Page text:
M&S seems to be rarely out of the news at the moment and with its full-year results due on Wednesday, that situation is unlikely to change. But on Tuesday, after its news of further planned store closures, the analysts at research firm GlobalData said its leading position is under threat.
Maureen Hinton, GlobalData’s group retail research director, said: “Marks & Spencer has dominated the UK clothing market for decades, but its lead as number one is perilously close to being lost to Primark.” And she believes its lower-priced rival could take over at some point during this year if its store closures aren’t countered by fast growth online.
“The closure of yet more [M&S] stores will hasten the decline unless it can shift the lost sales to its online channel and transfer to its other stores,” she added. “But it also has to start growing total non-food sales to stem the overall decline.”
M&S’s share of the UK clothing market has been on a downward trajectory for more than two decades since its sales and profits declines began back in the late 1990s.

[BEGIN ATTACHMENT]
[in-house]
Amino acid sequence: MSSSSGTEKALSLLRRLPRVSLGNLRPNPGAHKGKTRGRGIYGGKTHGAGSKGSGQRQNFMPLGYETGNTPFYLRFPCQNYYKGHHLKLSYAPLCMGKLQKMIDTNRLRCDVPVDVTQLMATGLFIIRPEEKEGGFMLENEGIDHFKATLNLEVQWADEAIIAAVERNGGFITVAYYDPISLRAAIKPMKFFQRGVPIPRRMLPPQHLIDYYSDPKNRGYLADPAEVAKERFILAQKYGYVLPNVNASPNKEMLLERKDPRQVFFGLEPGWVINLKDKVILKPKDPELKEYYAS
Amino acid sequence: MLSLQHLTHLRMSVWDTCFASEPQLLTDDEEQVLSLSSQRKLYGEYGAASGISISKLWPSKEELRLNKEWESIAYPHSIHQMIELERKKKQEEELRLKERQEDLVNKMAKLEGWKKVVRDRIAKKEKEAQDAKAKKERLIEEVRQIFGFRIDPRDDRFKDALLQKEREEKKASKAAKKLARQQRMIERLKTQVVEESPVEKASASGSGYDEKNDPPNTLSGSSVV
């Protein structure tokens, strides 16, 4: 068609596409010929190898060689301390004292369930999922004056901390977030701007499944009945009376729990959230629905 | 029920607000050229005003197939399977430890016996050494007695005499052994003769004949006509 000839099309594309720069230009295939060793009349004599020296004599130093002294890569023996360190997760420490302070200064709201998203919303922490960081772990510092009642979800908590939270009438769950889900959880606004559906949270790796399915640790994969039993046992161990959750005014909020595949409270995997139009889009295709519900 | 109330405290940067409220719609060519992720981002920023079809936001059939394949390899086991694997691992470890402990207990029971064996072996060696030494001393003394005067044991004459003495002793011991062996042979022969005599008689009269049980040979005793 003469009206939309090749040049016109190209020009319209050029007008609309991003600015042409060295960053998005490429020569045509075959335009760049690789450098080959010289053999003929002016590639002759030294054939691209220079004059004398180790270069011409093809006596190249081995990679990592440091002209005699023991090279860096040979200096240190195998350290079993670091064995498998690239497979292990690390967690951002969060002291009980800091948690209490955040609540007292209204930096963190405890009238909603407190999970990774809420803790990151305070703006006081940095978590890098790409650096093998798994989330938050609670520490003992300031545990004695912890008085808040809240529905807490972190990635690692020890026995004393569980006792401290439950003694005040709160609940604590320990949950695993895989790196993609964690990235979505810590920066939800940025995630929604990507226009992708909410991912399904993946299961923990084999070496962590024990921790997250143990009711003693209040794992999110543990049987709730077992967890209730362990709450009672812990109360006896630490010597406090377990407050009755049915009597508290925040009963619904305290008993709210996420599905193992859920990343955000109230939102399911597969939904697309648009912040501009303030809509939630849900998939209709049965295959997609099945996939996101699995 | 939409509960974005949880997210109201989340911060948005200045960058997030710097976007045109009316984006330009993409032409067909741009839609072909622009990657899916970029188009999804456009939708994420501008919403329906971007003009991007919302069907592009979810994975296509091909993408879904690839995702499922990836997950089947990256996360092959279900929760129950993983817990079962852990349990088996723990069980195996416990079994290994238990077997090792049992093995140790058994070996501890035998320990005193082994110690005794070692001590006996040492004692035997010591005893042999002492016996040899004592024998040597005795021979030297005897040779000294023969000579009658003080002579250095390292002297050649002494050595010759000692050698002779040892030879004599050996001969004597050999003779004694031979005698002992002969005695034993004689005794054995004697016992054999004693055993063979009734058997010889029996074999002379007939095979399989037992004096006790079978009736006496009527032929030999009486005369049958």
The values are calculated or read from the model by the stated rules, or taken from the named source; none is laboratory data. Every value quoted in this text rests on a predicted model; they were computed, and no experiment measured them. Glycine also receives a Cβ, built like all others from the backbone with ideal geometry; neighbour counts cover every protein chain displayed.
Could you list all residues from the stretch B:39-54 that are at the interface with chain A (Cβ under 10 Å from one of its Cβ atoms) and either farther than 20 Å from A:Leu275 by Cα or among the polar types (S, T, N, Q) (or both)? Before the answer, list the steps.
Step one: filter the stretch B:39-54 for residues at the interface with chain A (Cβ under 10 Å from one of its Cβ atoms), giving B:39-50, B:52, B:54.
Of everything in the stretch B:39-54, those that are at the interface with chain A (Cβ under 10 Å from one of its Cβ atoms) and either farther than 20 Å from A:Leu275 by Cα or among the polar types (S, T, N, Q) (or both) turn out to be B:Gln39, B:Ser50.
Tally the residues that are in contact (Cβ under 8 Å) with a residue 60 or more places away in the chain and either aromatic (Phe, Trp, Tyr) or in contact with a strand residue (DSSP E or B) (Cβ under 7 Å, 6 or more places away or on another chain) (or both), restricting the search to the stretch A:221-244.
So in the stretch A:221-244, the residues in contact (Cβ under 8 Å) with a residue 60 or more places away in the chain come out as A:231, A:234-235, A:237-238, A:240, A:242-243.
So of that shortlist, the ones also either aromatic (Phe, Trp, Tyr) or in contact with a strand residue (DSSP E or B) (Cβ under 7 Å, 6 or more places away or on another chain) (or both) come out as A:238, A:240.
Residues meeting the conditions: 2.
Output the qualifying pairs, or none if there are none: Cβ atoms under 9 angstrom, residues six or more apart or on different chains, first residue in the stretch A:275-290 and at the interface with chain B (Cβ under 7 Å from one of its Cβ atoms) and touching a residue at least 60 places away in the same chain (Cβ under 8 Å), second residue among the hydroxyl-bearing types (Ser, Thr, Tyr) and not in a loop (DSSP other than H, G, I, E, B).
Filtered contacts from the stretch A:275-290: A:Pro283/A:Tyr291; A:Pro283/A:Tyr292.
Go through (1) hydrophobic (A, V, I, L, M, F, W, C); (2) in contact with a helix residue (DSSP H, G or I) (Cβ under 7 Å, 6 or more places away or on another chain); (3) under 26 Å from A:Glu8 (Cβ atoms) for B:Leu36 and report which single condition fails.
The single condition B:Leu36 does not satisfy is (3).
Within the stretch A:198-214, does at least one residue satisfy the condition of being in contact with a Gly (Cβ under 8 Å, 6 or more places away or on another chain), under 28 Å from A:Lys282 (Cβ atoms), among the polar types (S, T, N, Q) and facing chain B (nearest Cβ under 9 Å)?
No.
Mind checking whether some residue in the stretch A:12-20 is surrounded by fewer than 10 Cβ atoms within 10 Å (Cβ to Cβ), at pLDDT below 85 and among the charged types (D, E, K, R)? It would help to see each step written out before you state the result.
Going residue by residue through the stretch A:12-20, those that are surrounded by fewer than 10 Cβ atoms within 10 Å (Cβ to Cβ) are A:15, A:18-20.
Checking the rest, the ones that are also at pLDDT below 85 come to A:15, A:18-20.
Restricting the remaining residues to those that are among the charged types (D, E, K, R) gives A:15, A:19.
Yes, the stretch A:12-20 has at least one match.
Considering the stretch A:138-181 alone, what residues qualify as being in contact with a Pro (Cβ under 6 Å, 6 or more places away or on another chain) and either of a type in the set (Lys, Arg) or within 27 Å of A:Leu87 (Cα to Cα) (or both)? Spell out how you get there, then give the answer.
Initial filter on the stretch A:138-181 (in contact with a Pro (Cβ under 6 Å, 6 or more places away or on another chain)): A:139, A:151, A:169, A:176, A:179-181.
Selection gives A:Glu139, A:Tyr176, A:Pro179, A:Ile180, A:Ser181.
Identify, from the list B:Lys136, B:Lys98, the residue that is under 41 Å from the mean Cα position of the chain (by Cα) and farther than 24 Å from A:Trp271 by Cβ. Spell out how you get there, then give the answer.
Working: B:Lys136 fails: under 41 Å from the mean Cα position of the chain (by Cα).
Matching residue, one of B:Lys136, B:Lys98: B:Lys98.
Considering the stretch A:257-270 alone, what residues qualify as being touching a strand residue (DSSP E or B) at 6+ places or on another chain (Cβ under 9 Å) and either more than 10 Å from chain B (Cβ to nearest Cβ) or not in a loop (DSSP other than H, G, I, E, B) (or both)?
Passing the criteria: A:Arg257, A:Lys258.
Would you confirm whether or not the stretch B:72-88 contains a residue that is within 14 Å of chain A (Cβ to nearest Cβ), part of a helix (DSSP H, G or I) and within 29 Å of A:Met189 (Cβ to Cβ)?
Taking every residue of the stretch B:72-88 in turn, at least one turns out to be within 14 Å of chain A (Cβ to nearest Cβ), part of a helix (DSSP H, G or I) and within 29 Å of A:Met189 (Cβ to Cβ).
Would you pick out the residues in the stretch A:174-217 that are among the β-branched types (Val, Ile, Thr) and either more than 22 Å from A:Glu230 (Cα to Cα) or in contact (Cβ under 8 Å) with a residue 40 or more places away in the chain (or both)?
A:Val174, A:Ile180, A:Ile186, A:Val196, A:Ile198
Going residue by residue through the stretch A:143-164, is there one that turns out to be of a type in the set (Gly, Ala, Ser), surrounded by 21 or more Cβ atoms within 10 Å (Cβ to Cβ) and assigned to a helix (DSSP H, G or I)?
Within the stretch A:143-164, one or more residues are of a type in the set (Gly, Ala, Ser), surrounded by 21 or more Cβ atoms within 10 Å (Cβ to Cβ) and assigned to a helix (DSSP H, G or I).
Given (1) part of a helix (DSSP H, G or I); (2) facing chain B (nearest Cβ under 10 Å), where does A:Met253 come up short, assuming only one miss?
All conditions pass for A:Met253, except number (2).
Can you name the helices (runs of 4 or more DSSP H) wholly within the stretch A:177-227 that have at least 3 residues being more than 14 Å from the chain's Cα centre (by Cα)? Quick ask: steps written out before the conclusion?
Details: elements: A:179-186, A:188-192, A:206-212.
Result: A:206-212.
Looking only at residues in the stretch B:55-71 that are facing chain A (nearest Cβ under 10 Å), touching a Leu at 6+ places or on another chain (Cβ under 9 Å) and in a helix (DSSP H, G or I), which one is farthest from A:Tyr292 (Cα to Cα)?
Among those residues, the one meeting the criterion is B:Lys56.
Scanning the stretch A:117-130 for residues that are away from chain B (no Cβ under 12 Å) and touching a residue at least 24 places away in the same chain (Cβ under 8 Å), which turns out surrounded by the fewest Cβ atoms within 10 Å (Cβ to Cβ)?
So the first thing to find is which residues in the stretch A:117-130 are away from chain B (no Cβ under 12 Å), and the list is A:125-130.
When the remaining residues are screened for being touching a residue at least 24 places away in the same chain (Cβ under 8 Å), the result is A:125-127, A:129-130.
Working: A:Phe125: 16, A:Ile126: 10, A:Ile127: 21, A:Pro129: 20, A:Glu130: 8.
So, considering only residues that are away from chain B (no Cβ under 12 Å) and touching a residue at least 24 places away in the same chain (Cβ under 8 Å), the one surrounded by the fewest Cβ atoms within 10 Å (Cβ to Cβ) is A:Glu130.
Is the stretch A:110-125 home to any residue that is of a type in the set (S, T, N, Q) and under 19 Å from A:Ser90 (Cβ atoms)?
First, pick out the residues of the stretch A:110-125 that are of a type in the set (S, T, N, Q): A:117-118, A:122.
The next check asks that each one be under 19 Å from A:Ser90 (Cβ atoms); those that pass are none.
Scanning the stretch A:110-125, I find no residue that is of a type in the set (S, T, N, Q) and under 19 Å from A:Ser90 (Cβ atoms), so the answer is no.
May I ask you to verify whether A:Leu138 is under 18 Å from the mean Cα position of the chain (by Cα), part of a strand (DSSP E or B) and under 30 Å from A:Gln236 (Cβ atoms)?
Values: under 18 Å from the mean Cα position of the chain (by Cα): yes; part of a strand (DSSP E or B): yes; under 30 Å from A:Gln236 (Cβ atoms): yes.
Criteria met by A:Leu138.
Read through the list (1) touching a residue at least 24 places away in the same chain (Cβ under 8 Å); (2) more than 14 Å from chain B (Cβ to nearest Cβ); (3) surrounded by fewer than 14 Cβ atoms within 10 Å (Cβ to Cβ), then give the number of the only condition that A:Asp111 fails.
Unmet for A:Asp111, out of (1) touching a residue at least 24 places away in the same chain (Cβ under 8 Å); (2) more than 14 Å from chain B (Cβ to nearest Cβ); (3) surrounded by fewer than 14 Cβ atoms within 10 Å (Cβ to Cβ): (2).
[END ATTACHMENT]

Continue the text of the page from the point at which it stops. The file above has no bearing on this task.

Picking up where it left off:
It reached its largest ever share of the UK market in 1997, with 13.5%. That share had declined to 9.7% a decade ago but is now an even lower 7.6%, according to GlobalData’s 2018 estimate. Primark, which was on only 4.4% in 2008 is now snapping at M&S’s heels on an estimated 7%.
But while M&S has suffered from growing rivals winning market share, the process has also hurt other well-established players. Next, on 6.6%, is down from a 6.7% share in 2008, Arcadia on 3.8% is down from 5.3%, and Debenhams is down from 3.3% to 2.7%.
Asda’s share has remained flat at 3.5% over the period, but elsewhere, it’s a picture of growth. GlobalData said that TK Maxx has risen from 2.2% to an estimated 3.1% in the last 10 years while Tesco is up to 2.9% from 2.5%, JD Sports is up to 2.7% from 1.1% and Sports Direct is on 2.4%, up from 1.3%.